When safeguarding vulnerable populations is the focus, the most immediate adaptation actions can revolve around establishing recovery strategies for climate-related impacts.  A major cyclone’s impact, for example, can extend beyond direct consequences such as casualties and asset damage to include indirect effects like road, electricity, and telecommunication disruptions which can pose significant obstacles to providing disaster relief to affected populations. Therefore, it becomes imperative to devise measures that enhance the resilience of critical infrastructure systems to withstand various climate hazards.

It’s expected that adaptation finance will be a key one within COP negotiations, particularly focusing on compensating developing nations for their losses and damages due to climate impacts. There are mechanisms in place to access funding through “green finance” institutions like the World Bank.

However, due to the urgent need to mitigate the extent of the climate crisis, these investments do see a relative prioritisation.

Mitigation remains the best adaptation strategy

However, I hope that amid all the discussions around adaption that we don’t lose sight of mitigation. Mitigation and adaptation are not mutually exclusive ideas, and the most effective long-term adaptation strategy remains mitigation; the sooner we reduce emissions, the less extensive adaptation will be required. And some investments can serve both purposes.

For instance, the Adelaide Coastal Wetlands Restoration project has the potential to sequester 20,000 tons of CO2 for every 250 hectares restored, and there are many other projects across the nation with similar mitigation potential. Furthermore, recommendations for neighbouring nations and financing them to restore their own rainforests and wetlands can also drive carbon sequestration while supporting biodiversity wellbeing.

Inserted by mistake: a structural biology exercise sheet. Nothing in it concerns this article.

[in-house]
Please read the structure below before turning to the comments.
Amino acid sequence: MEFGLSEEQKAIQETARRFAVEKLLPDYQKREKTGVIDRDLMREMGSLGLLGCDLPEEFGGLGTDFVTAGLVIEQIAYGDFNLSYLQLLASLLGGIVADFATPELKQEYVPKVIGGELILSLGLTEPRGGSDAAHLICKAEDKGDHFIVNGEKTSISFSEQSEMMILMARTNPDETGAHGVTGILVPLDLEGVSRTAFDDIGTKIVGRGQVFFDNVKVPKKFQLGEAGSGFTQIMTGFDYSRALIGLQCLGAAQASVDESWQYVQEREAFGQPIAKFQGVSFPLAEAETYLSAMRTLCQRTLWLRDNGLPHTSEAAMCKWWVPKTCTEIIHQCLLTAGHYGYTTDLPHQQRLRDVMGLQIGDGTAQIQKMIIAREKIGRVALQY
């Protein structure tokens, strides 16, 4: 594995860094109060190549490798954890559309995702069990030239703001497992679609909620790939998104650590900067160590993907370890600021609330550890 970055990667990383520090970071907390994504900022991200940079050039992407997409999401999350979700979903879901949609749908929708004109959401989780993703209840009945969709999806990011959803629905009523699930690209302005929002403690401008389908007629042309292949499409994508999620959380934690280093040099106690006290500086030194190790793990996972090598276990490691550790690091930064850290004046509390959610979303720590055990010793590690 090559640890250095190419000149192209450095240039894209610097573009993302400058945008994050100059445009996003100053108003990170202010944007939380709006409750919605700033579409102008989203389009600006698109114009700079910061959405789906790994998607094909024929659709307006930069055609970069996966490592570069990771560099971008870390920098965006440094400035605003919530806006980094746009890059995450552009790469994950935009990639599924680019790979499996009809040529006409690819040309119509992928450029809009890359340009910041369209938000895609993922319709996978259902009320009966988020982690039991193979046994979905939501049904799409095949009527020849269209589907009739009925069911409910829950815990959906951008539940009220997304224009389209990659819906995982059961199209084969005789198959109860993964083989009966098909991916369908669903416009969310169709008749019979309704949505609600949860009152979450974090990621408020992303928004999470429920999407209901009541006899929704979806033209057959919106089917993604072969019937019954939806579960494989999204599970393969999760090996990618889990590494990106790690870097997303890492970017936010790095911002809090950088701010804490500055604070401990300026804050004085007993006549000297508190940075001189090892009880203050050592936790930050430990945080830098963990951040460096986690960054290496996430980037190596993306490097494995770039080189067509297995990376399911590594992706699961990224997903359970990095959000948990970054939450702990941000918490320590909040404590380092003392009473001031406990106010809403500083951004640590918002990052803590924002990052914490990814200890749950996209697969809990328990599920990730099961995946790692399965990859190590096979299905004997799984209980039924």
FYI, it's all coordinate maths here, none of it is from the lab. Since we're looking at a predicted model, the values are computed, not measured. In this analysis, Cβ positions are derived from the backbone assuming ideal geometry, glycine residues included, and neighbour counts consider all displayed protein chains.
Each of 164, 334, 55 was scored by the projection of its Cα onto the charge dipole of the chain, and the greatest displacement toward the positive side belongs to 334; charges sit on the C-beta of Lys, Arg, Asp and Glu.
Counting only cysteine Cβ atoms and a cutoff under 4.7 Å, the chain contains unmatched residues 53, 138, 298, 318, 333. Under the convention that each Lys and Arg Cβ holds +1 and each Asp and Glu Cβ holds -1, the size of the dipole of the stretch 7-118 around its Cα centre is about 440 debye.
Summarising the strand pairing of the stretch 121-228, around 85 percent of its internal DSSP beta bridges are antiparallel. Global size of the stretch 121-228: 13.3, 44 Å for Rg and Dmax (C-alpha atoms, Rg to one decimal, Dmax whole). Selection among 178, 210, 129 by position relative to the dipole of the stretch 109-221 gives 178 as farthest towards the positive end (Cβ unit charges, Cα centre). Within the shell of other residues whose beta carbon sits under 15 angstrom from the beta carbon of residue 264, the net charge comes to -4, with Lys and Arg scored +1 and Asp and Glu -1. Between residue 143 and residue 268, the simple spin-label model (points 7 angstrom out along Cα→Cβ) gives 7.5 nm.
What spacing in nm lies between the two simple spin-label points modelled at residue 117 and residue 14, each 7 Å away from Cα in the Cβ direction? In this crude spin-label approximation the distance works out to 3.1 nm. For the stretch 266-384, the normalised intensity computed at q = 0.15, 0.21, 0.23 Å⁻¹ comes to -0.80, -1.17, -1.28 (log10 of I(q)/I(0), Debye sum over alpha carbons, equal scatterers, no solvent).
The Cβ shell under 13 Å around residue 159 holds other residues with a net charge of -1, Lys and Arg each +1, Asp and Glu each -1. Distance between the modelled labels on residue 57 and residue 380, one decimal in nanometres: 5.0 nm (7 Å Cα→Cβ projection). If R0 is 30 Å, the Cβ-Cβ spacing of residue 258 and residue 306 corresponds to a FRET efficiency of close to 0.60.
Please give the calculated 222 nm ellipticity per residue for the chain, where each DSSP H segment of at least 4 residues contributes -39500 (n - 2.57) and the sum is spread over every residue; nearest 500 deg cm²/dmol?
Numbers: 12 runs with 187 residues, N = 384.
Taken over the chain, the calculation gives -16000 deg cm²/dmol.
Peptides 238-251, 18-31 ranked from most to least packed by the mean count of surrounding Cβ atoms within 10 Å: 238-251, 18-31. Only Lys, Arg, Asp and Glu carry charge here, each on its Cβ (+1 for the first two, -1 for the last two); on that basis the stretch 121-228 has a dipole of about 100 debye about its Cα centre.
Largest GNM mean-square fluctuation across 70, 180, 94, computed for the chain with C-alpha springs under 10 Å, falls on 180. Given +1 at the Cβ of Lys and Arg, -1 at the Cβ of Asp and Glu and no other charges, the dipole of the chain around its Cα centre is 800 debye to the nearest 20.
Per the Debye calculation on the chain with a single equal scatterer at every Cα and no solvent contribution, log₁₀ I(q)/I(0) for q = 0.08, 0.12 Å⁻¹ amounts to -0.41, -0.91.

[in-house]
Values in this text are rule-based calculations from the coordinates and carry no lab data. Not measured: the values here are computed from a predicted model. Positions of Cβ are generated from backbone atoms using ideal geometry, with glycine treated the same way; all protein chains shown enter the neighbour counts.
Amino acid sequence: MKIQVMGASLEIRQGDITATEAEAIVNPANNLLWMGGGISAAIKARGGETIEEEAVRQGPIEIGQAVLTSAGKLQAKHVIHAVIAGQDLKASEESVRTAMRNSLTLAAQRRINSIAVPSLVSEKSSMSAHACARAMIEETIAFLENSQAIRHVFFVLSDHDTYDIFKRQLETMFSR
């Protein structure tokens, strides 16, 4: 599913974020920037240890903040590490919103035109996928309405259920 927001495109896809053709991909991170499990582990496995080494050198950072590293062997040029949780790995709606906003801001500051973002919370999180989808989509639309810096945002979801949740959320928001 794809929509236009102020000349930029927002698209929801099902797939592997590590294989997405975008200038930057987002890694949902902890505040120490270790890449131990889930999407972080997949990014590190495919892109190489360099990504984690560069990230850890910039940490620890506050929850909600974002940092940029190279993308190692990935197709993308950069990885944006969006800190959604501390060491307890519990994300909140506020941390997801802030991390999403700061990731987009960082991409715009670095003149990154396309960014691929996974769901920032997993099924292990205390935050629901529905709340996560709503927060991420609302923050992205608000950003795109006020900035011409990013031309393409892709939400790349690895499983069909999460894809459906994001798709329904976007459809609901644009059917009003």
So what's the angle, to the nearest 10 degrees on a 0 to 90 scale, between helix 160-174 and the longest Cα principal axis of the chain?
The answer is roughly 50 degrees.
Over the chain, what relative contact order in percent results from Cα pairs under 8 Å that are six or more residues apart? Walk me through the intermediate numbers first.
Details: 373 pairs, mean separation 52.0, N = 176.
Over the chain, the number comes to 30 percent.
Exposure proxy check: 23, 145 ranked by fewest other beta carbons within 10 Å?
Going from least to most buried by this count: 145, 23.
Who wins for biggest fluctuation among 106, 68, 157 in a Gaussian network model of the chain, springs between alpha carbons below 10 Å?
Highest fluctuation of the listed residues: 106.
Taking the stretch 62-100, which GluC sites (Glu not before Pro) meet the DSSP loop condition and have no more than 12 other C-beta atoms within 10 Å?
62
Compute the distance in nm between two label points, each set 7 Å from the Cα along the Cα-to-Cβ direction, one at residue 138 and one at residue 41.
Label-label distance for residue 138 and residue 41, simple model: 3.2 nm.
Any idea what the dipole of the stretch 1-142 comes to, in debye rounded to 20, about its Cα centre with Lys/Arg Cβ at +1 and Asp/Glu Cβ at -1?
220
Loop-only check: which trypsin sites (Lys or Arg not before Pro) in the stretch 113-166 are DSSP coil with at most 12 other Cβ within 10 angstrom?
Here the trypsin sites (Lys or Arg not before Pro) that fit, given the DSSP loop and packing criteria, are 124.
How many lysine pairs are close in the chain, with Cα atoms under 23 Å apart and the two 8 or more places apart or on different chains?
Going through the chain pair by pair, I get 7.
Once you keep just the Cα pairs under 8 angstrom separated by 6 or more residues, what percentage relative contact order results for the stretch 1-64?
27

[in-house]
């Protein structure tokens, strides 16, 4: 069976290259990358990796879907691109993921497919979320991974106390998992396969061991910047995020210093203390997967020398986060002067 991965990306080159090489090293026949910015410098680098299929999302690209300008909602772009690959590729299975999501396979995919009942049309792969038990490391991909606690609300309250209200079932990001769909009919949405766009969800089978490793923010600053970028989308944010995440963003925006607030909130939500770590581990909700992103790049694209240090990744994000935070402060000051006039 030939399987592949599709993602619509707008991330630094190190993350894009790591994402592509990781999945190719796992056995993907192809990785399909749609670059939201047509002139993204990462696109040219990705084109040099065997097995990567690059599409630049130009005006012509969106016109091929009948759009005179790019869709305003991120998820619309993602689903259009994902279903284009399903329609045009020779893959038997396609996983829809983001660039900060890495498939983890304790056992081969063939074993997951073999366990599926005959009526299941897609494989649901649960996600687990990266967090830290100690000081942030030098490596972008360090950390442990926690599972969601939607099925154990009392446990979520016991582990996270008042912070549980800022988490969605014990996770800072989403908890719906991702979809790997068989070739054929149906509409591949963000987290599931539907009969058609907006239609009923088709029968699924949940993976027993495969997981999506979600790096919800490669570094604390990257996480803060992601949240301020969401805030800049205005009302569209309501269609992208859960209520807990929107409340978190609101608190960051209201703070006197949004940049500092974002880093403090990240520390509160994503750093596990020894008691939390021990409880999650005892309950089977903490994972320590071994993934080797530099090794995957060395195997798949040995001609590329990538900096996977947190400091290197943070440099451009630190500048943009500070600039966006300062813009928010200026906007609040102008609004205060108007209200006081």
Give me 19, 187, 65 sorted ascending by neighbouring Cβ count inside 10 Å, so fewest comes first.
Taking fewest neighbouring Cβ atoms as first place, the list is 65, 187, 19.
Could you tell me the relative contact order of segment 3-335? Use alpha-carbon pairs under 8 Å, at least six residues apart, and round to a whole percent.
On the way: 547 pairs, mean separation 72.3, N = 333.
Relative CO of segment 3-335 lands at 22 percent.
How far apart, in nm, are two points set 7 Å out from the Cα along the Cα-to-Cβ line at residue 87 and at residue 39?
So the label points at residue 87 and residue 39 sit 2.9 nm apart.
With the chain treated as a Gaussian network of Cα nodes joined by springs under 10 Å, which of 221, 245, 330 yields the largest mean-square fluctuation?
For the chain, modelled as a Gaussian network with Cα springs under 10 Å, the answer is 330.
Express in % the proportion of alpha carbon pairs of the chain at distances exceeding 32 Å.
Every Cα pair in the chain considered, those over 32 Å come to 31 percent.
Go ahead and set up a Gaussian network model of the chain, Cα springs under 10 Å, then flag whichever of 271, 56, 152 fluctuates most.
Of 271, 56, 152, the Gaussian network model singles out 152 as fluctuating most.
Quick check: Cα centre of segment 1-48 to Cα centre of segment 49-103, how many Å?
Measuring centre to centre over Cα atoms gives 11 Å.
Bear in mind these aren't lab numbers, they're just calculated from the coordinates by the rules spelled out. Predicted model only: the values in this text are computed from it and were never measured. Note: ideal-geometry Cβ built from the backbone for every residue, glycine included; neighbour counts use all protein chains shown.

Enhanced understanding and valuation of our natural ecosystems will support the incorporation of these resources into decision making for businesses. Frameworks such as the Taskforce on Nature-related Financial Disclosures (TNFD) are supporting thinking on how to evaluate nature and biodiversity while contextualising the financial impact that businesses would feel should these resources not be managed.

Conversations around adaption strategies are now, sadly, vital. But no matter the long-term strategy, we can’t take our eyes off the ball. And while solutions such as desalination, coastal defence and crop selection will likely become more urgent as the years progress, we should be focusing first on preserving and restoring the ecosystems that already protect us from both chronic and acute climate impacts, which are often the most cost-effective measures.

Mitigation has been and remains the best adaptation strategy, and we need to continue to do everything within our power to rapidly achieve Net Zero.

Amy Steel is a climate risk expert and the Western Australia leader of Engie Impact, the sustainability consultancy arm of Engie.

The views and opinions expressed in this article are the author’s own, and do not necessarily reflect those held by pv magazine.